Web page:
|Sunday 17 June 2012|
Sir, You are my Inspiration
|By Priya Kulasagaran||
In conjunction with Father’s Day this weekend, StarEducate shines the spotlight on the dedicated men in the teaching profession who act as positive father figures and role models to children in schools.
Those who attended Setapak High School (now known as SMK Tinggi Setapak) in 1981 are bound to still remember their principal’s opening words to them.
“I told them that if they fancied themselves as gangsters, they had to deal with the biggest gangster of them all – me,” recalled V. Chakaravarthy.
The school was then notorious for serious disciplinary issues; in fact, his posting there started with one such incident.
Said Chakaravarthy: “After losing a hockey match with another school, some Setapak High School boys decided it would be a good idea to beat up players of the opposing team; some were beaten unconscious.
“I was initially instructed to expel the boys, but I decided to take a risk and give them a chance; and they did change enough to graduate.”
Chakaravarthy, who retired in 1995, still has the air of a principal from yesteryear; one is inclined to stand a little straighter in his presence.
Describing himself as a “strict but fair” disciplinarian, he believes that even the most problematic students can change for the better.
He said: “While I do believe in caning students, it’s usually for very serious offences such as threatening teachers or fighting. Otherwise, I will try and talk to them first, and listen to their problems.
“It’s about knowing when to be firm and when to be soft. I may be very strict, but I also love my students and show them that I care.”
Chakaravarthy started his career as a Mathematics teacher in 1965 at SM Alam Shah (now known as Sekolah Sultan Alam Shah), the first residential Malay medium school in the country.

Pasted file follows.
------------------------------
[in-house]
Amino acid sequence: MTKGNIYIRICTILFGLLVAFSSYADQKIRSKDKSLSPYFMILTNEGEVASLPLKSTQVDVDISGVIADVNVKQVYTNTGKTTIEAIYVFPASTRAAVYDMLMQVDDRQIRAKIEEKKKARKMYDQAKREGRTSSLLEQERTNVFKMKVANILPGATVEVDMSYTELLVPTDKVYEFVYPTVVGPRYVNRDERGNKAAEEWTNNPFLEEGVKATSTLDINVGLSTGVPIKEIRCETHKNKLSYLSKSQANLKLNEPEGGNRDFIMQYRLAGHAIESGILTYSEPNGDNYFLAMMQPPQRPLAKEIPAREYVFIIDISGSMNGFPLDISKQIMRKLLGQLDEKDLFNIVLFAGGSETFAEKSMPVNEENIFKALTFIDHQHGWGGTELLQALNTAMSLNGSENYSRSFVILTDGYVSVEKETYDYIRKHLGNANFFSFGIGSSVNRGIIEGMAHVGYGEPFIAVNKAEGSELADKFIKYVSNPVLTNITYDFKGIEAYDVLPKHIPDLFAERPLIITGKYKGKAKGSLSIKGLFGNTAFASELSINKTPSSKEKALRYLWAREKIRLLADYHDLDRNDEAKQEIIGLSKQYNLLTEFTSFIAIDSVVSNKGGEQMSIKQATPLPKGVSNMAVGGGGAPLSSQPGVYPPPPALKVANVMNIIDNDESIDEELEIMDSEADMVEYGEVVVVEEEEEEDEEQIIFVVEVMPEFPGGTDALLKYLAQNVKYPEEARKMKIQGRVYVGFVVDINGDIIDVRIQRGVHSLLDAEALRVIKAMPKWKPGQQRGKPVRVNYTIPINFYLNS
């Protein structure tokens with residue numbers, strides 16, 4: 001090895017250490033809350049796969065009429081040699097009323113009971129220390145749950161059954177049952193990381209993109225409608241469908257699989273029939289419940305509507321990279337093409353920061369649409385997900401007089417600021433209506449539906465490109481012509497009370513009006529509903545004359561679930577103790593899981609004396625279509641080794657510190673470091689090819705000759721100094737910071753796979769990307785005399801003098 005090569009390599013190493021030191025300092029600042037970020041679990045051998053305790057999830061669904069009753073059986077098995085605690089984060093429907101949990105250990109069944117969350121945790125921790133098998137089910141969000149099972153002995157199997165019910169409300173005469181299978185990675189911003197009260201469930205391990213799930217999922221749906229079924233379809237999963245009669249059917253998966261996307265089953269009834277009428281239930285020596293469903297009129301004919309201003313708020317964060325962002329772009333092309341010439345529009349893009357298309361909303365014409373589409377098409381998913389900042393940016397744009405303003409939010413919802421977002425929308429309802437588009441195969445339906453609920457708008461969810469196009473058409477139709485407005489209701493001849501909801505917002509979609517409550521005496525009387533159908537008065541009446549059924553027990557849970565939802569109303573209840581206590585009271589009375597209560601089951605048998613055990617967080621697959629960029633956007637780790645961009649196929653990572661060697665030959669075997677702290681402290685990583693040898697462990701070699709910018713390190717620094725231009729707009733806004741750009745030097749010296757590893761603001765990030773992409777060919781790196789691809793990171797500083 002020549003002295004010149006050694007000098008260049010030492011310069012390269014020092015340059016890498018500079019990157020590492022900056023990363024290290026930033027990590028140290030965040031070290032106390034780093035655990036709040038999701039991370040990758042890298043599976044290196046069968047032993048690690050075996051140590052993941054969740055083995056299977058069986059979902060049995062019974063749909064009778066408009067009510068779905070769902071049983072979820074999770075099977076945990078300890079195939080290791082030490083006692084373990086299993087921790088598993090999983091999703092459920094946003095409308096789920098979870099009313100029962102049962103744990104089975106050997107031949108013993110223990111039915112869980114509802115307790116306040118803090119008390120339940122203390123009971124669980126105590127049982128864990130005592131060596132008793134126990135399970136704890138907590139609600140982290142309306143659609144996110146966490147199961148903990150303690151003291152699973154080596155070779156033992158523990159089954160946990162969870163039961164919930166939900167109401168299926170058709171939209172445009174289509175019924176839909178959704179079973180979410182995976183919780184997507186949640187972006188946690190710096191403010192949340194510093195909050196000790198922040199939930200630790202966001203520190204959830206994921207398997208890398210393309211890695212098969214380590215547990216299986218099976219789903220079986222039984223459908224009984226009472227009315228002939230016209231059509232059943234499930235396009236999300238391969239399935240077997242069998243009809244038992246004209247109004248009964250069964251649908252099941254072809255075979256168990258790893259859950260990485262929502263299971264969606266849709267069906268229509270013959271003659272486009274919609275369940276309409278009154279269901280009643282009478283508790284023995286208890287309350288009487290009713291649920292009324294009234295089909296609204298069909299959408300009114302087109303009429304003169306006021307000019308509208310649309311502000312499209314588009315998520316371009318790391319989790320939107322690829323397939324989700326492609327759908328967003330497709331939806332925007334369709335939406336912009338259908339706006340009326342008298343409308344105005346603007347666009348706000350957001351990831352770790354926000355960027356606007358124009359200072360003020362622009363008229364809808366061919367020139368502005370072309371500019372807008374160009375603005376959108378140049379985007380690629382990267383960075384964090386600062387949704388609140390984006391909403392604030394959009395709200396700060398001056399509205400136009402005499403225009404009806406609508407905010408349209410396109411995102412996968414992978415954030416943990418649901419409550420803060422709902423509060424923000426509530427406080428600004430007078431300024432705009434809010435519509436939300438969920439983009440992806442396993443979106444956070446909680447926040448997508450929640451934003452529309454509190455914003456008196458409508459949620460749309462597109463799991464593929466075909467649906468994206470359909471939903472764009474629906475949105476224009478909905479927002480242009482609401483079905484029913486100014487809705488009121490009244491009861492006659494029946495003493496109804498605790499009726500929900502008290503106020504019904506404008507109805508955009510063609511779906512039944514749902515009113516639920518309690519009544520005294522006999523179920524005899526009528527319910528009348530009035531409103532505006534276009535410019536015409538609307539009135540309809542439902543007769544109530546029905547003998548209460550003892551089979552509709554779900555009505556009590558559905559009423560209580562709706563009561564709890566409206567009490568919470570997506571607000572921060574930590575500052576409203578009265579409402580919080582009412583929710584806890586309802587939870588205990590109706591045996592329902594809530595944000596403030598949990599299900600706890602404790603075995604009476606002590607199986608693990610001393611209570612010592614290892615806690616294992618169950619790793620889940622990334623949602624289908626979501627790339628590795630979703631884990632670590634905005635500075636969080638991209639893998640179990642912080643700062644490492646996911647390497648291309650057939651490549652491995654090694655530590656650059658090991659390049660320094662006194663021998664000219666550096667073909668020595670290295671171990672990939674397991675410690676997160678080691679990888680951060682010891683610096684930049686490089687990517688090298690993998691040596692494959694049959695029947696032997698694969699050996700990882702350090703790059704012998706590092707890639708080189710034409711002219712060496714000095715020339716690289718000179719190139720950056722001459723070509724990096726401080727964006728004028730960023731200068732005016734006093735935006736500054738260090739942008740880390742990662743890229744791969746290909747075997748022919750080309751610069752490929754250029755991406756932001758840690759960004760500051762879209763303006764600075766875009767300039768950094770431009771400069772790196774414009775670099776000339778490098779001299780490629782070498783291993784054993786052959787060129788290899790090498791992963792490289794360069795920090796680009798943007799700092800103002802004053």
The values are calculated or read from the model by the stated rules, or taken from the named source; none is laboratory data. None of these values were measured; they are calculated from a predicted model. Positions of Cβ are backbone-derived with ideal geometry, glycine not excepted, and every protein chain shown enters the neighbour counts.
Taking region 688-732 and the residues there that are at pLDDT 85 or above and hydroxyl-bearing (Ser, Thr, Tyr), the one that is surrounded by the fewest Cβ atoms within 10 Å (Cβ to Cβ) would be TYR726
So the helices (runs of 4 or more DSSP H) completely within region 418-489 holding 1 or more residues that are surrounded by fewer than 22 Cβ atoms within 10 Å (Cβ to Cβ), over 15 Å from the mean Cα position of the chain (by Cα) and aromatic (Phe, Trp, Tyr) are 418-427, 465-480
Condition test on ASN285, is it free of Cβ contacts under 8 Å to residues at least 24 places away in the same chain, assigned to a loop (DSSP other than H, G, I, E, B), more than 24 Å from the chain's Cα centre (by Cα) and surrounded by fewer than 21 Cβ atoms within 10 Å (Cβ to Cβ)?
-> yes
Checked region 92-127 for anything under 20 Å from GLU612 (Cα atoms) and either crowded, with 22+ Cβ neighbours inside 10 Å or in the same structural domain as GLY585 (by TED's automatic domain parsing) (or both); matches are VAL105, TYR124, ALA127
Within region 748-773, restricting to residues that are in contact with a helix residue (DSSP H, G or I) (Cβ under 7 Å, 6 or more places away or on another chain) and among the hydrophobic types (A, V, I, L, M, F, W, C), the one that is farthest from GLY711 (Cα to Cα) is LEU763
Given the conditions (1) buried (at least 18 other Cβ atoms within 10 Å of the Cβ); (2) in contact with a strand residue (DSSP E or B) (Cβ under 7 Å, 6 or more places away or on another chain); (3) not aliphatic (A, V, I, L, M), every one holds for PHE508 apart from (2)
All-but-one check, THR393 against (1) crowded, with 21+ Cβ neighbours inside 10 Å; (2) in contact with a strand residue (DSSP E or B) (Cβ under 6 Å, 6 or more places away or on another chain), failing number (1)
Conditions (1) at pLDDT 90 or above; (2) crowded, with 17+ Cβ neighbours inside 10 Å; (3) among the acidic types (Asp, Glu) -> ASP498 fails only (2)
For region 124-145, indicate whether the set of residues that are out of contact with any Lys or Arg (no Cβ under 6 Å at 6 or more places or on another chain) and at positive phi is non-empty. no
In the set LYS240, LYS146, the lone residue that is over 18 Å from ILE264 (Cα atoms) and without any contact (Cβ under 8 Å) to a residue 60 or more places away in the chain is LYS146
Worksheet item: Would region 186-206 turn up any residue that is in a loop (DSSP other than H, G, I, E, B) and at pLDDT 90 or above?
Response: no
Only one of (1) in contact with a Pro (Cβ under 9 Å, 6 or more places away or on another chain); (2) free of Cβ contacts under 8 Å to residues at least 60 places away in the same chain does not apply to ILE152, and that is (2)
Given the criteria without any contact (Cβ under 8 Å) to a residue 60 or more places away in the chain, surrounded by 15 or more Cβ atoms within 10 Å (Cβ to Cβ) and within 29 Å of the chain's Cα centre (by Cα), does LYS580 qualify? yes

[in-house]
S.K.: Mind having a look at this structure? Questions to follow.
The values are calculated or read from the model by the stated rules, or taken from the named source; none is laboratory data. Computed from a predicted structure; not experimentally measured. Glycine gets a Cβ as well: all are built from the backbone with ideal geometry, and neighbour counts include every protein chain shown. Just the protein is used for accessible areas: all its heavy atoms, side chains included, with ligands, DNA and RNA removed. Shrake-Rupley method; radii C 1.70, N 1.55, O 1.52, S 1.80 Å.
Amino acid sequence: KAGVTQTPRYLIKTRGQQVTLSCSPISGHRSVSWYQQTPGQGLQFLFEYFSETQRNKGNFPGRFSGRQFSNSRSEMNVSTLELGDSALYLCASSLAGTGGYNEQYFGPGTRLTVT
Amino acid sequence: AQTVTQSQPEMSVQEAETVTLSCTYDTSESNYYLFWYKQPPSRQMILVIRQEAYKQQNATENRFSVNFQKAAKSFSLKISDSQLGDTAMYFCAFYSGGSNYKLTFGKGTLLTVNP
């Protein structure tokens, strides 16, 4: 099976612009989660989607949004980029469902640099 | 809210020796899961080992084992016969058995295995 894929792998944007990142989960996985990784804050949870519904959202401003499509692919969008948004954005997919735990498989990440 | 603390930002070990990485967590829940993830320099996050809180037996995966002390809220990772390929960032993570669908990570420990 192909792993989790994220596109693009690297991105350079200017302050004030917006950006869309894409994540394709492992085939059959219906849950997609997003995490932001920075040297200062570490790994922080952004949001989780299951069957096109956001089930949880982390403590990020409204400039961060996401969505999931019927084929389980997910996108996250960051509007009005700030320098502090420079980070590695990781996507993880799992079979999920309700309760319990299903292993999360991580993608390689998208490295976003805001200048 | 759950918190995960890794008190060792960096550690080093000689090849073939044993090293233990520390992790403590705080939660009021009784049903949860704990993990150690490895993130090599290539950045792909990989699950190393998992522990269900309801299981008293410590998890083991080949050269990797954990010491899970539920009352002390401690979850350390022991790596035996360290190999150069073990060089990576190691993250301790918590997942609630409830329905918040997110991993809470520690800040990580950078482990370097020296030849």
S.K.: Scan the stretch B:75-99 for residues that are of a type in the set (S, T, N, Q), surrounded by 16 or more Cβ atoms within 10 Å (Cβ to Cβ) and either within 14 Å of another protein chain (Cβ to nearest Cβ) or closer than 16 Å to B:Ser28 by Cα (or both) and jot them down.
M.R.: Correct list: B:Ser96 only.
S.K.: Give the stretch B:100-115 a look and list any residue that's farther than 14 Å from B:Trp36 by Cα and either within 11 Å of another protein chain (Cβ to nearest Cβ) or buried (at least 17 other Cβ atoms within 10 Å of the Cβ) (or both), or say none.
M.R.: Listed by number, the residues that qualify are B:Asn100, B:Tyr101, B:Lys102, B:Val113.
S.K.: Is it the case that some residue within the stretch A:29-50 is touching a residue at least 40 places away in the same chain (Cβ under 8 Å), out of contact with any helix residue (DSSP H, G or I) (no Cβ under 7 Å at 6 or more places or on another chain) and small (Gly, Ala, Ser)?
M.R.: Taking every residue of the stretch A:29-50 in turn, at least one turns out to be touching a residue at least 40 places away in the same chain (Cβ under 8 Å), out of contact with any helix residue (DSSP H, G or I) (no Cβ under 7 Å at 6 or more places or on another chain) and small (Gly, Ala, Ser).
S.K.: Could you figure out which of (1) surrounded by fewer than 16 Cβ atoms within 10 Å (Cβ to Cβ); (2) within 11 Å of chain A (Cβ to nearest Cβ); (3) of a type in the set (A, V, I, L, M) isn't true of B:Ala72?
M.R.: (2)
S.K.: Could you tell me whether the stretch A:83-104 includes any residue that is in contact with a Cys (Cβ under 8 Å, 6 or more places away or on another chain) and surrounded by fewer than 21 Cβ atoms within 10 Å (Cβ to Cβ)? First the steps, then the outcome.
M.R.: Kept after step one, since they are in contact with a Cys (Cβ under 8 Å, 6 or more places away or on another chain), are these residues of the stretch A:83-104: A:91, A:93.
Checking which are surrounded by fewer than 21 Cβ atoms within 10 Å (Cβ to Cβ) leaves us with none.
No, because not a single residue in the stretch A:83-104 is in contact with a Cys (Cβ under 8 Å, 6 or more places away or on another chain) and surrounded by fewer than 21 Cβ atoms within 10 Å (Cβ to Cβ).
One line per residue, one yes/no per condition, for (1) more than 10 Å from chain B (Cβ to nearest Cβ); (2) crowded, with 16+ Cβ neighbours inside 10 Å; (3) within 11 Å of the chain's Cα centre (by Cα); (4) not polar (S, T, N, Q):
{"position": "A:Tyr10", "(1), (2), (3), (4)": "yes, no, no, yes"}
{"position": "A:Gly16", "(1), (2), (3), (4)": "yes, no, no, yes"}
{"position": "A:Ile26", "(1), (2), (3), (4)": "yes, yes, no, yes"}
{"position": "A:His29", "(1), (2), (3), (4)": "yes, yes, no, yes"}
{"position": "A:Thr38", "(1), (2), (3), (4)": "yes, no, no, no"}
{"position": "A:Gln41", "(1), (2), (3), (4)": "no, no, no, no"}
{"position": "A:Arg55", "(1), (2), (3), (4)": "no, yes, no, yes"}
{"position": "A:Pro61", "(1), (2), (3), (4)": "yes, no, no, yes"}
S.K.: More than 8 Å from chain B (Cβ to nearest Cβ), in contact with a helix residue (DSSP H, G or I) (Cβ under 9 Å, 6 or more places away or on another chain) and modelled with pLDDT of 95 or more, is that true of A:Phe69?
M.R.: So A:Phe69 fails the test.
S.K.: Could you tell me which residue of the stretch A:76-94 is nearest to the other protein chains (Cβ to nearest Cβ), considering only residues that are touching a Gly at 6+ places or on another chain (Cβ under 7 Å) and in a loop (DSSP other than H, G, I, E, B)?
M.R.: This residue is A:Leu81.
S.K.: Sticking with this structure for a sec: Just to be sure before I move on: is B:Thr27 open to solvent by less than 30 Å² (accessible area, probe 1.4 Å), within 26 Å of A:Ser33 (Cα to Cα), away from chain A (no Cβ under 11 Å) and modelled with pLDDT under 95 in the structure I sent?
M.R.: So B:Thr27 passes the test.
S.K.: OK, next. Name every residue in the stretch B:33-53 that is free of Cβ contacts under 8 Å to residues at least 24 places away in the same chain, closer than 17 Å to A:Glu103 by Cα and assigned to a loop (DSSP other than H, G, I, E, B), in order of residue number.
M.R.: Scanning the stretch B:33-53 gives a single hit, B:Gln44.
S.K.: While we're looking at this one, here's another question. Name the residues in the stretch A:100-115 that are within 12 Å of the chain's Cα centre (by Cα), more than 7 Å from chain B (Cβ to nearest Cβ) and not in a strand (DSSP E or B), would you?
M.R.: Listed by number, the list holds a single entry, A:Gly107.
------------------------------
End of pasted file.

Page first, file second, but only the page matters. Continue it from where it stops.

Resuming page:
He recalled: “I initially felt like a fish out water, as my entire education was in English. With the help and support of the principal, the late Halimi Sharbaini, I grew confident in teaching in Malay.
“Many of the students then came from poor circumstances, and felt like they couldn’t do well academically. But they were very keen to learn and make something of themselves; they just needed some guidance.
“It makes me really proud to see my former students, the sons of paddy farmers, going on to become key policymakers and business leaders.”
Another thing he is clearly proud of is the fact that his students still keep in touch with him.
“Some of these students have even received their fair share of the rotan from me,” he said, as he flicked though an autograph book filled with former students’ tributes.
“I remember one student, who seemed to simply enjoy getting into fights – on my retirement day, he suddenly showed up at the school I was at. He had come all the way to give me a bouquet of 100 roses, with a card that read, 'To Sir, with love.' ”